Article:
The book is downloadable here as a PDF file. (115 pages, 337 K).
Unfortunately, it is no longer possible to purchase a printed copy, signed by the artist.
The executory potential of the words furnishes them with a certain poetic lustre
About the book "Visual Iris Open"
An interview with Karl-Erik Tallmo made in December 2005 by Swedish artist Edvard Derkert.
Why did you choose to publish a hypertext novel in 1992 "The Watcher's Ability to Interfere"?
Well, to keep it short, I had been working for several years during the 80's on a novel that was supposed to be printed. It pointed in many different directions, however. Most of it was regular text, but I also experimented with passages where the combination of sentences was determined by chance, and I also utilized a sort of repetitive technique, akin to minimal music, such as Steve Reich's or Terry Riley's works. A lot of ideas used in the novel were actually sort of waiting for computer technology, so when I got a Macintosh in 1988 and discovered the possibilities of the Hypercard software, I just couldn't keep myself from transferring the novel to this medium. There wasn't any real hyperlinking feature in Hypercard at that time. What one could do was to format a certain string of characters as a "group", and thus making it sensitive to mouseclicks. Then you had to write a piece of code, that could react to the mouseclick and execute something, such as having Hypercard go to a certain page, show a picture etc. I have described the background of the making of that book more extensively on a special page on the web.
What sort of response did you get to your hypertext novel?
You might say that it fell between two chairs. Those who expected some kind of computer game were disappointed because it was too boring, and those who should have grasped the idea of a new type of text based artwork didn't care probably because they assumed it was some kind of silly computer game.
Those, however, who took their time to read the text and not just searched for places with various effects, usually found it to be a suggestive and well-written story.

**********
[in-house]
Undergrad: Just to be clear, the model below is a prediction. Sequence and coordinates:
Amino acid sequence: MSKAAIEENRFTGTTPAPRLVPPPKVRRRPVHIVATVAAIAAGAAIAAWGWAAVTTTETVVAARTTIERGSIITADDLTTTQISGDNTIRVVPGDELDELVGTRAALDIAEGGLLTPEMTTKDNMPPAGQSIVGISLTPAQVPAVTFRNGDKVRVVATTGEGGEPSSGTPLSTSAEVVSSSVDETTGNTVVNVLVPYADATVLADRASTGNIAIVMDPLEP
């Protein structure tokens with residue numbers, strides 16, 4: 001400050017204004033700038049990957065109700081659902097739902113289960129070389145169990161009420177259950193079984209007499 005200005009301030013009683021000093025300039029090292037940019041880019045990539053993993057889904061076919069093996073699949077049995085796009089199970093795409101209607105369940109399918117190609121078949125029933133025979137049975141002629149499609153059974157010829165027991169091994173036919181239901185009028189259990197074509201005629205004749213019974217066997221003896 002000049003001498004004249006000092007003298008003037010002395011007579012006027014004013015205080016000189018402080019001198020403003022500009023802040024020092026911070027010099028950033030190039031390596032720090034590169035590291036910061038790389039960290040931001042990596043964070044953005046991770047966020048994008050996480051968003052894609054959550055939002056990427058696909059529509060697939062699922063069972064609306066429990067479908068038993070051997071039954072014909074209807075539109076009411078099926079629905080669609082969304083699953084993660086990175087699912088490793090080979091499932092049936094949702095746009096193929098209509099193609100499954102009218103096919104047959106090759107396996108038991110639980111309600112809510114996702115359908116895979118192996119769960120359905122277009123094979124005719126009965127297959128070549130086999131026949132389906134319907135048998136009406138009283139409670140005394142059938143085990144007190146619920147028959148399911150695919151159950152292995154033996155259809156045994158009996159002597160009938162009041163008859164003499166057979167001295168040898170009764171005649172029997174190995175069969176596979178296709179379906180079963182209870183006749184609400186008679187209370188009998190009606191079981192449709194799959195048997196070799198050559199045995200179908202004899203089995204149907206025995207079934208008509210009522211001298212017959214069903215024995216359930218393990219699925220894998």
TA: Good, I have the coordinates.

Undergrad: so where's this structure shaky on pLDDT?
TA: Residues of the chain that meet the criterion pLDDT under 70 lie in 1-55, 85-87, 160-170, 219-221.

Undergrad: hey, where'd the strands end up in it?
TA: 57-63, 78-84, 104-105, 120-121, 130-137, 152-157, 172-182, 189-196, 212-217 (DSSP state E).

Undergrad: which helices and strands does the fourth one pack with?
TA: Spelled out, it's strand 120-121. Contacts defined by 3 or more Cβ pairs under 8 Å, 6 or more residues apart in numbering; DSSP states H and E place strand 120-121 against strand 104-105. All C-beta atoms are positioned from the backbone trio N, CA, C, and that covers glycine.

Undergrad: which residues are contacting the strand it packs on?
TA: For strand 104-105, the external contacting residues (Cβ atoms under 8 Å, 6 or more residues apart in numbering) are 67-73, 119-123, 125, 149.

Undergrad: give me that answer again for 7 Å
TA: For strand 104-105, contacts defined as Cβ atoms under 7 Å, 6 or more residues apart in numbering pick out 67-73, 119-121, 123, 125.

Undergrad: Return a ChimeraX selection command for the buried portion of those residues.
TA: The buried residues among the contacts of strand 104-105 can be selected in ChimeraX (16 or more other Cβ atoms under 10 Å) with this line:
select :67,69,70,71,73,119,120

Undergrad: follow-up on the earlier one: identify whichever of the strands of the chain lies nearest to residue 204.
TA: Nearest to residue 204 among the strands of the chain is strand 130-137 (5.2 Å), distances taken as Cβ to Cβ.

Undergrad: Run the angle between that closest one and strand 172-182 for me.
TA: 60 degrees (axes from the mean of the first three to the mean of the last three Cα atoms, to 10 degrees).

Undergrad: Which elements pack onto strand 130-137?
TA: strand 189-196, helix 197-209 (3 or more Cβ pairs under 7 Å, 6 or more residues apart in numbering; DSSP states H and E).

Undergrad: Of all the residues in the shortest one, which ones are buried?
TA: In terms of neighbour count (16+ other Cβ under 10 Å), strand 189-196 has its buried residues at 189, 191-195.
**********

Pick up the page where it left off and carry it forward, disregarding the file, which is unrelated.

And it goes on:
Now, more than ten years later, you have published a "non-interactive" version of your work, which not only contains the text but also the Hypercard programming. How large a part of the text consists of the code?
No, the new book does not contain the entire text of the novel. Far from it. If so, it would comprise approx. 465 pages instead of 115 as it is now. It contains the programming, which is made in Hypercard's own language Hypertalk. It contains every piece of code that controls the behavior of the electronic book, so to speak, things that are normally not visible but rather constitute the machinery behind the text pages one can read on the screen. There are, however, many instances where single words, sentences and longer passages from the main text of the novel sort of leak into the code. All of a sudden words like "eggshell", "abroad", or "blue" turn up or sentences like "Shouting while inhaling was dangerous, her mother had told her" or "How come he felt so incredibly like an American right here in this bathroom?". The reason for this is that texts frequently are displayed in the margin or as a pop-up field on top of the body text. The simplest way of doing that is to put that text within the code that controls the display.
From the exhibition at Galleri Bibb, December 2005.
I often compare this to standing in the wings at a theater, where you can see all of the ropes and tackles and machinery that raise or lower the side-scenes, and at the same time you hear isolated words and phrases from the stage where the play is going on. It is something very intriguing about this, to just vaguely be able to imagine something in its entirety. I am not exactly the first artist to be fascinated by fragmentation. Peter Cornell wrote a book in the 80's, titled "Roads of Paradise", which implied that only the footnotes of a work remained. The reader was supposed to imagine the main text. And Armand Schwerner wrote a sort of archaeological poetry, where large parts of the text were missing.